As we witness the controversy regarding a potential step towards the normalization of Armenian-Turkish relations, we see Armenians divided over contrasting visions of which strategy is in Armenia’s best interest. As they excite extreme emotions – from hopefulness to fear and anger, the real status of things seems to be obscured by rather dogmatic, binary narratives.
By following a “no preconditions” policy, the Armenian government proposes the separation of the symbolic from the practical, focusing on economy and politics and putting aside whatever appears as “old harms and recriminations.”
I have noticed that many individuals and institutions engaged in the Armenia-Turkey reconciliation process respond to recent developments with enthusiasm, assuming that normalization is the beginning of the reconciliation process. While technically justifiable, this assumption is based more on hopes and wishes than a realistic assessment. What we witness today, is, in fact, an attempt at superficial normalization, with the hope for further reconciliation in an undefined future. The expectation that both forgiveness and repentance will occur naturally, simply by people-to-people contact, is highly idealistic and extremely unrealistic.
What is not mentioned is that such reconciliation cannot happen without a complete change of narrative and the character of the Turkish government, which cannot occur without some sort of subsequent complete conceptual revolution and the reinvention of modern Turkey. Even the most profound people-to-people contact will not bring a mass change in consciousness without proper, long-term policy measures taken at the governmental level. There will be no reconciliation without the reestablishment of an elementary sense of justice.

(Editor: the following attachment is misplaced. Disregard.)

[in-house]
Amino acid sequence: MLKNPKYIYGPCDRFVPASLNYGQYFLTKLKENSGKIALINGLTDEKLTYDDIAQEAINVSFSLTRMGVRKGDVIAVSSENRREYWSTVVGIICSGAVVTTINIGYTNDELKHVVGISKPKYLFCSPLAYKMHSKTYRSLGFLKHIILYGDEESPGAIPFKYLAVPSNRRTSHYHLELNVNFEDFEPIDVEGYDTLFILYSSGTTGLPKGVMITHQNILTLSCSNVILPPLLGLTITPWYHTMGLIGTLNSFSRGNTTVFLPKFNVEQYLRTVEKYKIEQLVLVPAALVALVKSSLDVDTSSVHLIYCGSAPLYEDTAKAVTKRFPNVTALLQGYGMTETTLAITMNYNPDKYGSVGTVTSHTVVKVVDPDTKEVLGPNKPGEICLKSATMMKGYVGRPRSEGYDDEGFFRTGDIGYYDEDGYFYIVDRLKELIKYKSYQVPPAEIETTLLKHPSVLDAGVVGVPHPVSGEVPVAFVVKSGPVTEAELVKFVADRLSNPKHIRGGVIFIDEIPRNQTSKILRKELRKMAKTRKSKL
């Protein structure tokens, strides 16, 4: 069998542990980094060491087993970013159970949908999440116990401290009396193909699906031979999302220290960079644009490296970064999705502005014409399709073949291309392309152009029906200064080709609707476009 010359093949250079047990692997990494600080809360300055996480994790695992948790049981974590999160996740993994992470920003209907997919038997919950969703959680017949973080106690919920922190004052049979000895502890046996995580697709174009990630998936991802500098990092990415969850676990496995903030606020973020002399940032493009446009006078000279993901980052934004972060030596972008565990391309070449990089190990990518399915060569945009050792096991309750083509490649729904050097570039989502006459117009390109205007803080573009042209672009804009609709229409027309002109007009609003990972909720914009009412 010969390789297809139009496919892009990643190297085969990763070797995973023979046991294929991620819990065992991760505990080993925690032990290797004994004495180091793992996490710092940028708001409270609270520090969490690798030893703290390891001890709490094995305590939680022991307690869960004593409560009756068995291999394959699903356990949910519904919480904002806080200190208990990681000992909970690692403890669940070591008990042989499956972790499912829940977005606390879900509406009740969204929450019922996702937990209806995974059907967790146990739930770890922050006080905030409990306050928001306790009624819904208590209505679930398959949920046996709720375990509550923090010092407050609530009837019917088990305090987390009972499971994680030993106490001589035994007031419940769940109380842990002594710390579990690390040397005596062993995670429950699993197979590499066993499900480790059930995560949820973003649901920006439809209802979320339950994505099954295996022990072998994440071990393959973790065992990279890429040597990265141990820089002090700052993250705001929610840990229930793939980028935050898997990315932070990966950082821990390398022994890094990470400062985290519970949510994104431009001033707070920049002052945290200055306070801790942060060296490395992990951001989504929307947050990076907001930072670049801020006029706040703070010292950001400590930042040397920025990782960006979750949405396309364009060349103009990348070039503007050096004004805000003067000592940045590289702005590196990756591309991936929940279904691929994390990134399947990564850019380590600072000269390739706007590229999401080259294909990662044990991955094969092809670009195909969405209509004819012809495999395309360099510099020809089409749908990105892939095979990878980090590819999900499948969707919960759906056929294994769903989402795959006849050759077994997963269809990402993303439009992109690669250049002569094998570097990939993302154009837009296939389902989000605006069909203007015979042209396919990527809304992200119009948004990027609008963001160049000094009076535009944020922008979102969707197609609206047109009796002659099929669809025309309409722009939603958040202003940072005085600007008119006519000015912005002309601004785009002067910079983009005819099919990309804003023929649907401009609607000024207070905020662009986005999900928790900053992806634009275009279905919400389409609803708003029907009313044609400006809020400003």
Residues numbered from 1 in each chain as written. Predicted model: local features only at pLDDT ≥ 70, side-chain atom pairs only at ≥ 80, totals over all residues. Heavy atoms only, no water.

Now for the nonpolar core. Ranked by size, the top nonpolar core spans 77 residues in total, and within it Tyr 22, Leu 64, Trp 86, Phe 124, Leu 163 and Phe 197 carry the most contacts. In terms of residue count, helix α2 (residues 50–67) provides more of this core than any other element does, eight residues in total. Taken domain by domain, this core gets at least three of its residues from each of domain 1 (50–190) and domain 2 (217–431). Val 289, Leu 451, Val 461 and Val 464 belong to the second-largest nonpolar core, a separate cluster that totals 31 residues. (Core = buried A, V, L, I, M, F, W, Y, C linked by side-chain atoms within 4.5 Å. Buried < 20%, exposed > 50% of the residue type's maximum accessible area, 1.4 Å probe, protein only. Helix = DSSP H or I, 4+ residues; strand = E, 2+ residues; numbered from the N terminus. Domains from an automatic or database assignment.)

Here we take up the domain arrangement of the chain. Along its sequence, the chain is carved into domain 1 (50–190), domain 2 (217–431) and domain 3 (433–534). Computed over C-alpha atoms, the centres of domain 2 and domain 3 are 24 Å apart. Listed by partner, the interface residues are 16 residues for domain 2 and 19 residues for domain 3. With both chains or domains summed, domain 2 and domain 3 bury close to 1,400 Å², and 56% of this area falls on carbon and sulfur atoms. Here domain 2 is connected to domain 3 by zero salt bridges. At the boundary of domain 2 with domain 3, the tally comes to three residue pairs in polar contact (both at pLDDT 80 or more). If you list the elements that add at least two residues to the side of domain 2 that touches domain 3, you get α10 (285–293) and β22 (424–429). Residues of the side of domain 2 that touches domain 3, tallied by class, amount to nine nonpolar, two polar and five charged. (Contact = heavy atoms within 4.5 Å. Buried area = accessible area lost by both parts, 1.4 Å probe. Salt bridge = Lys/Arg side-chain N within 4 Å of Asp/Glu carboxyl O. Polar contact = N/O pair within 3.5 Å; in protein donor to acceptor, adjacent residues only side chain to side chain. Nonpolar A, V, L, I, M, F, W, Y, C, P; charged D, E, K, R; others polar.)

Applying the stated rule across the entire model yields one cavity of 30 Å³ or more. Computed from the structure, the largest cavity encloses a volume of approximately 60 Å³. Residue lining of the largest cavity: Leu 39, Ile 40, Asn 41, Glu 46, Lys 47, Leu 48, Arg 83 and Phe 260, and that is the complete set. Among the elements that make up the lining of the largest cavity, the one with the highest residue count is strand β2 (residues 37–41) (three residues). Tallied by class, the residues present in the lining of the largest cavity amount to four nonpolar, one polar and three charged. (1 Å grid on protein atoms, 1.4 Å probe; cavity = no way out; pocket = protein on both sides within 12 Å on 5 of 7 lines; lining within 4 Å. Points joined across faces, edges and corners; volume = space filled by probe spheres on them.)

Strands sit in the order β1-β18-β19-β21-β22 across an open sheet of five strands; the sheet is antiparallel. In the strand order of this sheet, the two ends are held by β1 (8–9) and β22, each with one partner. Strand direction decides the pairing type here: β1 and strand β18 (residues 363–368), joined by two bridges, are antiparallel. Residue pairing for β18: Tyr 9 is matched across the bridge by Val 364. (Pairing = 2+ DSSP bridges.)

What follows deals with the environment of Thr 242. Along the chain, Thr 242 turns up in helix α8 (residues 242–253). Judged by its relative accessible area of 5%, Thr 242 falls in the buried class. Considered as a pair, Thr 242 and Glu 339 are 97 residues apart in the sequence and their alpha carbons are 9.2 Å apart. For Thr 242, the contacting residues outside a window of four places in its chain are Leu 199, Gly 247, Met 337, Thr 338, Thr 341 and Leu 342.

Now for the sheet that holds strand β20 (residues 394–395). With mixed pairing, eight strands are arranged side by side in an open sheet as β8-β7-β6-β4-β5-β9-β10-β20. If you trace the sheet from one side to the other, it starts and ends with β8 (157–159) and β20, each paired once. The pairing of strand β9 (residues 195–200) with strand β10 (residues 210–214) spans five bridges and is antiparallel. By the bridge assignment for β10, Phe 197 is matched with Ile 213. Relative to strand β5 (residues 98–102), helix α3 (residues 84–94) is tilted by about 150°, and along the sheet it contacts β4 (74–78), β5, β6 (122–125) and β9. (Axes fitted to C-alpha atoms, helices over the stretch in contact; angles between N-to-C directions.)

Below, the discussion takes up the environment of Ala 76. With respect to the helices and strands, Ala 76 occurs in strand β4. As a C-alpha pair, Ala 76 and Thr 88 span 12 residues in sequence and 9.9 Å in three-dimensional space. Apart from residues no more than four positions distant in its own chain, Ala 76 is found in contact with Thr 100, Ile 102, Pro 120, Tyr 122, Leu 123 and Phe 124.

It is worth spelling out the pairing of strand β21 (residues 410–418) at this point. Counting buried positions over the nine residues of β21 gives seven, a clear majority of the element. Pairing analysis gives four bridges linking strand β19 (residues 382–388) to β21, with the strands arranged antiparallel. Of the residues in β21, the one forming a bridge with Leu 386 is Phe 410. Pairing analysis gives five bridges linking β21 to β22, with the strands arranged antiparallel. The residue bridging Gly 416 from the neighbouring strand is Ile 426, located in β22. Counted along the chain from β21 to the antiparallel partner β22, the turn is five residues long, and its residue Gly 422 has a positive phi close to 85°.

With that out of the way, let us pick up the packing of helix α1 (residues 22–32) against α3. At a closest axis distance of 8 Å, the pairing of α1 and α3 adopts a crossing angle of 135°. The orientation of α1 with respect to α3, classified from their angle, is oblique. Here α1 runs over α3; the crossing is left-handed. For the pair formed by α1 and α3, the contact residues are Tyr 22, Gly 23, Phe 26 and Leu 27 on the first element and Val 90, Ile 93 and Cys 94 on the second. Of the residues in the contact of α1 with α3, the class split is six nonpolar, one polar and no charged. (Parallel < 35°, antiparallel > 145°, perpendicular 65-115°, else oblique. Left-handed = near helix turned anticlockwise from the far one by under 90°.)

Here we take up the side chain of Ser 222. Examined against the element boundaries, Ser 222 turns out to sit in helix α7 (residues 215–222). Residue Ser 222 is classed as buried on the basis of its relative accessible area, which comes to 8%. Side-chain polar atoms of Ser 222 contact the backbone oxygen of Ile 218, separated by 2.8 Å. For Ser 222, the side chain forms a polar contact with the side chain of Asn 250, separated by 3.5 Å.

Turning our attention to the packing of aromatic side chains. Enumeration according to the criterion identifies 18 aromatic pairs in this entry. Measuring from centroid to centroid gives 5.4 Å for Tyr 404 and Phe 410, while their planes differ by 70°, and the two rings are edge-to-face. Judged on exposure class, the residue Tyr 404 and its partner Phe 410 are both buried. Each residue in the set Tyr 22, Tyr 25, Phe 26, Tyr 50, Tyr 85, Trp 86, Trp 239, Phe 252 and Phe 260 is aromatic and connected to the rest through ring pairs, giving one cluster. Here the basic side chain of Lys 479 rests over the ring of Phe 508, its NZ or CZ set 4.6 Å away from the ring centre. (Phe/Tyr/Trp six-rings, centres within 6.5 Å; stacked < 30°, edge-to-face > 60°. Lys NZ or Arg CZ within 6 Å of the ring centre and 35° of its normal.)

On the other hand, the genocide issue is being brought up frequently by those who oppose the governmental plan. By following the “no-preconditions” agenda, the Armenian government indirectly promotes the idea that genocide can be considered as secondary, while to many Armenians it is central to the problem. This is not because of its scale and horror, and not even due to the obligation to the victims and survivors. It is critical simply because it embodies the attitude of the Turkish state towards Armenia, which is continuously hostile.
Considering Armenian-Turkish relations strictly in the limited framework of the aftermath of the 1915 events is convenient to Western politicians, as it takes away the pressure to confront multiple problems regarding contemporary Turkish foreign policy. The indirect acceptance of the Turkish policy of genocide denial by the Armenian government, is painful mainly because it occurs in the context of extreme imbalance between the capacities of Turkey and Armenia to shape the narrative and subsequently, to set the conditions for normalization. The “no-preconditions” policy is problematic not because it takes place, but because it is obviously not a choice, but simply the only way to reach the discussed normalization.